It was also found that non-pregnant mothers were more likely to be undernourished compared to the pregnant mothers. These findings might be because of the physiological weight gain during pregnancy. Moreover, traditionally, Pakistani women who are pregnant are culturally encouraged to consume more calories compared to those who are non-pregnant. This may also explain the above finding of a good nutritional status during pregnancy. Although pregnancy increases the weight of the mother and pregnant women also tend to consume more calories during pregnancy, a balanced diet is also equally important for women who are married but not pregnant. Married and nonpregnant women are in their preconception phase, which is considered the right time to start adequate nutrition25,26. Studies have also found that maternal undernutrition during the first trimester of pregnancy carries the greatest risk for fetal development and so correcting nutritional status in early pregnancy is likely to yield the greatest benefits for both the mother and the offspring25,26. Thus, adequate nutrition should be provided to women during the preconception period to avoid short-term and long-term adverse maternal and neonatal outcomes.

Strengths and limitations

This data analysis was conducted on a large and nationally representative sample of women in Pakistan using the PDHS 2012–2013. Hence, the findings can be generalized to the Pakistani population as well as to other regional countries that share similar sociodemographic characteristics.

Moreover, the survey covered various sociodemographic and health-related variables, which were analyzed to measure the association between parity and women’s nutritional status while adjusting for confounders. Additionally, weighted analysis was done to obtain representative estimates and to avoid under- or overestimation while analyzing the data.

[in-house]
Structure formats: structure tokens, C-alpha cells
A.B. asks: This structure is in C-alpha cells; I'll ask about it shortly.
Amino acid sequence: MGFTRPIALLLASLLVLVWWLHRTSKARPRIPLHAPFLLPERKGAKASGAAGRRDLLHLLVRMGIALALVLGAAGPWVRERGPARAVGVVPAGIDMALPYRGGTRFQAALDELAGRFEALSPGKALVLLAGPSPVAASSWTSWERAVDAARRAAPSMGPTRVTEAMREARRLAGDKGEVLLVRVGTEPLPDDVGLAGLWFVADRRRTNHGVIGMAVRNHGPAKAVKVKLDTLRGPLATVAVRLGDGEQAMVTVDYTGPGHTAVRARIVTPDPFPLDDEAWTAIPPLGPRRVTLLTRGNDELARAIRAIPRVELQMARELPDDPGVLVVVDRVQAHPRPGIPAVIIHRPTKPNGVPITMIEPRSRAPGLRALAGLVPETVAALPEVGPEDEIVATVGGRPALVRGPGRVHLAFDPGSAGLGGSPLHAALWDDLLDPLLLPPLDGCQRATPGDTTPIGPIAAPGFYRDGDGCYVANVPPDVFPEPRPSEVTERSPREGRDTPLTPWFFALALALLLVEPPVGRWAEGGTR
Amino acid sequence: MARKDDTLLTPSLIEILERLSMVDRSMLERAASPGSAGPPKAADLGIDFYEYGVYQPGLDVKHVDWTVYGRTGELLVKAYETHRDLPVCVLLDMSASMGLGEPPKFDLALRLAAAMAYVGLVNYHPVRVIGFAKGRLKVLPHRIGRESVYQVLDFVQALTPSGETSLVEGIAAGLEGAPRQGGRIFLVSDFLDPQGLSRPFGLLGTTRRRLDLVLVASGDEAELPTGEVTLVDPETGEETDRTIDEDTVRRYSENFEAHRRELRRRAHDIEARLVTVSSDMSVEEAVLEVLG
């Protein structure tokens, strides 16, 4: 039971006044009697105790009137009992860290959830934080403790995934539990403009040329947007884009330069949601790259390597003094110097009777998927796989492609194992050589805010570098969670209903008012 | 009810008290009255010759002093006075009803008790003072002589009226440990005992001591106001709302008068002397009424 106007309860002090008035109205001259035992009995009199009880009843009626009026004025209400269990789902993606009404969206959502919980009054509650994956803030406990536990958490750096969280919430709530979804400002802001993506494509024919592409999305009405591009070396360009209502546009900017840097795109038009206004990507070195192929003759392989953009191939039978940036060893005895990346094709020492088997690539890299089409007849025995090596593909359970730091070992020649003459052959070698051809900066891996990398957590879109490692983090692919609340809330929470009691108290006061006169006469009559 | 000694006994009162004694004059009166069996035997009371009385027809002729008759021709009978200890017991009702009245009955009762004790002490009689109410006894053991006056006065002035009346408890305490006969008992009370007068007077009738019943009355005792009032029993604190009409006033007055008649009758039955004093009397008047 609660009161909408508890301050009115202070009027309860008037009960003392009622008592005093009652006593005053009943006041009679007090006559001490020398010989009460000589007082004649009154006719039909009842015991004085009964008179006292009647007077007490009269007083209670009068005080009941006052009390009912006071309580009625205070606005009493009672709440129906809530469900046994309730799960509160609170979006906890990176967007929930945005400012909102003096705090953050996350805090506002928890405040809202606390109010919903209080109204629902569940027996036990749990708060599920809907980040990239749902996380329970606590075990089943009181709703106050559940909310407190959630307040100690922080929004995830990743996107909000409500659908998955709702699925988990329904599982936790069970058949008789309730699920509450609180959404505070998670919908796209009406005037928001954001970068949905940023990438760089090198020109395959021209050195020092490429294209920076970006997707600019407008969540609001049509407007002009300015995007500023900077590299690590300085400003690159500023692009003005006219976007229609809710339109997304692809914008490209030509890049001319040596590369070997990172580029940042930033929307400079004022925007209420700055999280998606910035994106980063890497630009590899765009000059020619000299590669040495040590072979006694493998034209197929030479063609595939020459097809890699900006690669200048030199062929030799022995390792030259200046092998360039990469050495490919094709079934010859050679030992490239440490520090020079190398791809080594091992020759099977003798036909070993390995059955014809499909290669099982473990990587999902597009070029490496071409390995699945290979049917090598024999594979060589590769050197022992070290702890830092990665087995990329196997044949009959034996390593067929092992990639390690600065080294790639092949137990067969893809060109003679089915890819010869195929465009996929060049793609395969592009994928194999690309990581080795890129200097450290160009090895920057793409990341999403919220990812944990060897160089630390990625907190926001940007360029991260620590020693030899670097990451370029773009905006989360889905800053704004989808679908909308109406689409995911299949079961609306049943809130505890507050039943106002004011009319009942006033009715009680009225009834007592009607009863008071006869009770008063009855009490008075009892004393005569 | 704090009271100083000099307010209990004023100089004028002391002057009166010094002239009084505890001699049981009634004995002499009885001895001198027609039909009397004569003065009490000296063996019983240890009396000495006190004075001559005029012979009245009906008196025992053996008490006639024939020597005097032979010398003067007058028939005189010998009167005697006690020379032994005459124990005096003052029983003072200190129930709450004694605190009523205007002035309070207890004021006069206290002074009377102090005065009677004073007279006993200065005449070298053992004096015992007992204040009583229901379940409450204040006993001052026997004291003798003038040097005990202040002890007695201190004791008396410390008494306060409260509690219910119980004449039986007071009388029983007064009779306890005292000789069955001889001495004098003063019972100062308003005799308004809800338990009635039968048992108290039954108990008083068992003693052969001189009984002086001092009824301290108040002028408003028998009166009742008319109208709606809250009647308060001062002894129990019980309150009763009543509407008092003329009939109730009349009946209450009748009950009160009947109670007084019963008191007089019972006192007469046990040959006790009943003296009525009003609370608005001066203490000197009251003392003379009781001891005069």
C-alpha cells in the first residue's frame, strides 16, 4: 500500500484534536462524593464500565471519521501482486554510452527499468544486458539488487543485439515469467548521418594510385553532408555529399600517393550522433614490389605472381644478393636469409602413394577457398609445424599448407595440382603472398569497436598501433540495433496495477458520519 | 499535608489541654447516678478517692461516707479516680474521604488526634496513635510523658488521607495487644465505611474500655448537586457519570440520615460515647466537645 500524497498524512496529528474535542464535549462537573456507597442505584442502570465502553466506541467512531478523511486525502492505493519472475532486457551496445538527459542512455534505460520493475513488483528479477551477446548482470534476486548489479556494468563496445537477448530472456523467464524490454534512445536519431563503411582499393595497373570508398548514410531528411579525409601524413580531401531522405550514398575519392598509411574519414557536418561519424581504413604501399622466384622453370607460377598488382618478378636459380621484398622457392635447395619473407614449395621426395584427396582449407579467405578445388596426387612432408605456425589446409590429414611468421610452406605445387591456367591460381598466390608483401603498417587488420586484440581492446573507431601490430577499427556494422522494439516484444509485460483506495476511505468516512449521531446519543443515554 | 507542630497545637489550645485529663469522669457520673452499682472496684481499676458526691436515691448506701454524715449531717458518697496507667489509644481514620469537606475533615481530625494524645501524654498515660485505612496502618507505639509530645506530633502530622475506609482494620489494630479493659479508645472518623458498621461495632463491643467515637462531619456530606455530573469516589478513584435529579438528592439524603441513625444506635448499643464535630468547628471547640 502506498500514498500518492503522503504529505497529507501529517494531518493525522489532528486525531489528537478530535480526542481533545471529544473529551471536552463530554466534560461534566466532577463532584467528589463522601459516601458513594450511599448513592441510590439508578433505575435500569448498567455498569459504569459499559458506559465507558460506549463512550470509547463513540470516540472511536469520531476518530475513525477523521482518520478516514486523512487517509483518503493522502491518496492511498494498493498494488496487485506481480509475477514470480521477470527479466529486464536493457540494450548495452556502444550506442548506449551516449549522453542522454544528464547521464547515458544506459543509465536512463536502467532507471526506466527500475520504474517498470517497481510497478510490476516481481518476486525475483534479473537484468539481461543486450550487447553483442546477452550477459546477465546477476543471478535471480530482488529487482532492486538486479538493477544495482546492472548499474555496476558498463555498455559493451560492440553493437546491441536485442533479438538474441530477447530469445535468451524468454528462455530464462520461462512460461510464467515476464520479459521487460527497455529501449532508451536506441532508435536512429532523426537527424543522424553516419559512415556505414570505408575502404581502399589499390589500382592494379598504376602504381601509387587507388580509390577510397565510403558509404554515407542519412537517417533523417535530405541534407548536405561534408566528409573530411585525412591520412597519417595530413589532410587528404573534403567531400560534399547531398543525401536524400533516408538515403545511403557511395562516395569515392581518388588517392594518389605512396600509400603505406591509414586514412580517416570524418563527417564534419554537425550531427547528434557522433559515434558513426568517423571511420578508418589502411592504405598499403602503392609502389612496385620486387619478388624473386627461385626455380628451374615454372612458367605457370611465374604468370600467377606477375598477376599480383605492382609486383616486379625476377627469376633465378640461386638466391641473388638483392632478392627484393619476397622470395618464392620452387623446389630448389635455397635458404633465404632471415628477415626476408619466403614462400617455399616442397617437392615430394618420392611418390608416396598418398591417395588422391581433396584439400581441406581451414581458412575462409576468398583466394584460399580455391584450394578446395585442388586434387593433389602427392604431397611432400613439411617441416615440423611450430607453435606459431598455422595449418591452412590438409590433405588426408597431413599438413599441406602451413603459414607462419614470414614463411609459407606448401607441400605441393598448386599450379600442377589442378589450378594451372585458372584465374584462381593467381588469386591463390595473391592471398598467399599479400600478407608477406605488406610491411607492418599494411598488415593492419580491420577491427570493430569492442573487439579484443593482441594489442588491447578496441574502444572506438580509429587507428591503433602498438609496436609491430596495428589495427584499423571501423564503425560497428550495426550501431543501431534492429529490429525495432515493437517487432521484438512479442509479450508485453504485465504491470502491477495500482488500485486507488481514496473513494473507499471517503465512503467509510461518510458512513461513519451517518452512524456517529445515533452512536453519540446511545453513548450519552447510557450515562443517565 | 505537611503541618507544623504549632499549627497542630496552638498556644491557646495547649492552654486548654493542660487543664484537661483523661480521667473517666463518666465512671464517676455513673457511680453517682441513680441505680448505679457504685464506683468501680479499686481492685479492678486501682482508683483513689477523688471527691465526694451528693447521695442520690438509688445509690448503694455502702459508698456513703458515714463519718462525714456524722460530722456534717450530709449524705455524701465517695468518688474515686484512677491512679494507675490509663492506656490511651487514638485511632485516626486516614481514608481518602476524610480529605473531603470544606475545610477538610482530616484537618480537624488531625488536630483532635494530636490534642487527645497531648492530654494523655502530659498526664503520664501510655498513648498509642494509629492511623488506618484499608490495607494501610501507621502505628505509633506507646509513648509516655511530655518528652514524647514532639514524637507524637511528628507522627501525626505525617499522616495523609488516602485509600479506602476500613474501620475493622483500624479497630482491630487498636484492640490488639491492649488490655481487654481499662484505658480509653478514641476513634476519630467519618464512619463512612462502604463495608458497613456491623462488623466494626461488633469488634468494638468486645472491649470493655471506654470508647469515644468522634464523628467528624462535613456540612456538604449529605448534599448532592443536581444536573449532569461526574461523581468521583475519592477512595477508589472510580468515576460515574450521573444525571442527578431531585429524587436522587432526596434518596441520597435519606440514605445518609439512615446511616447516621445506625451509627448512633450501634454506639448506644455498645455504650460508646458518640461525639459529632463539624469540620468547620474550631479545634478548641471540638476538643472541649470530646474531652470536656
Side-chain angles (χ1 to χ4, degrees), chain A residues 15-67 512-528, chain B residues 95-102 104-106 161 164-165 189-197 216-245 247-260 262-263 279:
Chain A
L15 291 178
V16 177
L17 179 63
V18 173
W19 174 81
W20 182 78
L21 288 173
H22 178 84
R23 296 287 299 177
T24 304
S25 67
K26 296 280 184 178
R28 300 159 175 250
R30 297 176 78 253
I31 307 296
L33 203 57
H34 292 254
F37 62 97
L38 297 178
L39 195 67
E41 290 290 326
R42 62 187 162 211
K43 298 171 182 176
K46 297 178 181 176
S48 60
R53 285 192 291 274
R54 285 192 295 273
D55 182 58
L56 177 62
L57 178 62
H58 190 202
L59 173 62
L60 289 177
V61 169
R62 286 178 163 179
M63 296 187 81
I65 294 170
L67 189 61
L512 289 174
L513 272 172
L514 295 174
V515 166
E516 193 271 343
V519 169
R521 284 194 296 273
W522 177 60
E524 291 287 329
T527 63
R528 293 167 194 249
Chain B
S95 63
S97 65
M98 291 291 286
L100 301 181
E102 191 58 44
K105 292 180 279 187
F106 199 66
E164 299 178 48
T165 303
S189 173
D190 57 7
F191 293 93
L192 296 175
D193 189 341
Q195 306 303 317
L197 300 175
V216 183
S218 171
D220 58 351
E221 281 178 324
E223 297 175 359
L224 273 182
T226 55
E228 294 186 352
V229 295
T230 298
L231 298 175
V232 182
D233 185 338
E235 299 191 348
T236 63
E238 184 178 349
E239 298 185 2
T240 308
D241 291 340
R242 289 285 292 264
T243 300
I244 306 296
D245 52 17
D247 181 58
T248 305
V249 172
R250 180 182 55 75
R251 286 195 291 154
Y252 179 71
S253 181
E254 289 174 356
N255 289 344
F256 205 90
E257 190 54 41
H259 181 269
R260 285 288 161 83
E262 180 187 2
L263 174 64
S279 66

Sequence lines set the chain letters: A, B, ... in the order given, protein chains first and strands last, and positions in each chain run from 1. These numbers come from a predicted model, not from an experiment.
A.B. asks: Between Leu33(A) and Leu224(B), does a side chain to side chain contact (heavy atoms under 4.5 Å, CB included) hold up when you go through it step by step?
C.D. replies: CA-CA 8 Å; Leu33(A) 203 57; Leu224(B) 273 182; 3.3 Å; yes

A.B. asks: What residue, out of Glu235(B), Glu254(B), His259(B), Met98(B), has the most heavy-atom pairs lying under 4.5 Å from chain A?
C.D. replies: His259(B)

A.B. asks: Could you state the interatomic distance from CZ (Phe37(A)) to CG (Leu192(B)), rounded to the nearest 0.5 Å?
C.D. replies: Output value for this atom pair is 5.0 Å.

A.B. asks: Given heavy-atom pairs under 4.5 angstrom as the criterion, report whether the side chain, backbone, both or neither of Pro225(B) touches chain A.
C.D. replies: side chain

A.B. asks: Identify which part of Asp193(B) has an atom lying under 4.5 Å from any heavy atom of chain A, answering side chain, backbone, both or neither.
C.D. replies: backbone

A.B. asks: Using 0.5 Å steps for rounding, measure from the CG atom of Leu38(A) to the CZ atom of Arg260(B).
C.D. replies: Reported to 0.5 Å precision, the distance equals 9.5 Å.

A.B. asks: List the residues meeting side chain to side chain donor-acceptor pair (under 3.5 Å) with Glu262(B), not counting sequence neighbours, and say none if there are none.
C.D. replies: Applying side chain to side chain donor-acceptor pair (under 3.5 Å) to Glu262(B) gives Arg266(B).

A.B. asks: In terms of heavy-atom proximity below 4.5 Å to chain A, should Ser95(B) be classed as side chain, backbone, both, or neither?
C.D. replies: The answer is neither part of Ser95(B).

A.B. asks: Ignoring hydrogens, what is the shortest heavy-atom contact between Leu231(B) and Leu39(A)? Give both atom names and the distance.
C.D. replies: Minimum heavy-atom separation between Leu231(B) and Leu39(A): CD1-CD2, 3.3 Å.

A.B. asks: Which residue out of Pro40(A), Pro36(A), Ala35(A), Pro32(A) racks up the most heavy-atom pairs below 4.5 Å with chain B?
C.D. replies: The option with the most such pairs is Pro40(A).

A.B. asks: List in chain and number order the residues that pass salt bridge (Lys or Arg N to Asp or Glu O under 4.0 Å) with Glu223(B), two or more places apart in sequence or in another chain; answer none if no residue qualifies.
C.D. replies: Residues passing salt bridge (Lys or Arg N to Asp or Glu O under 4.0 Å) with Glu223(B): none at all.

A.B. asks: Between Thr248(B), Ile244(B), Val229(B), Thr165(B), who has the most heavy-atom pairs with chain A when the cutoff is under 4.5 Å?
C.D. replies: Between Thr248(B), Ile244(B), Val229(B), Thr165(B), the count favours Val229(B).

One limitation of the study is its cross-sectional nature. Therefore, any association between the various predictors, especially parity and nutritional status, needs to be interpreted cautiously. Secondly, a key limitation of our study was the use of BMI as the only measure of nutritional status, which might not predict the true nutritional status of the women. Thus, stronger observational and analytical studies need to be carried out in the future to assess the association between parity and other predictors of nutritional status in women.


Women who breastfed, worked, smoked, or belonged to rural areas were found to be the most undernourished. Our analysis suggests that undernutrition is likely to occur when women do not have access to a balanced diet and this can be determined from their place of residence, breastfeeding and pregnancy status, as well as whether or not they work. We recommend that rural women who breastfeed their children, as well as work, be targeted for awareness on balanced nutrition. The proximal as well as distal or root causes of undernutrition need to be explored and addressed in the future to improve the nutrition of women of reproductive age.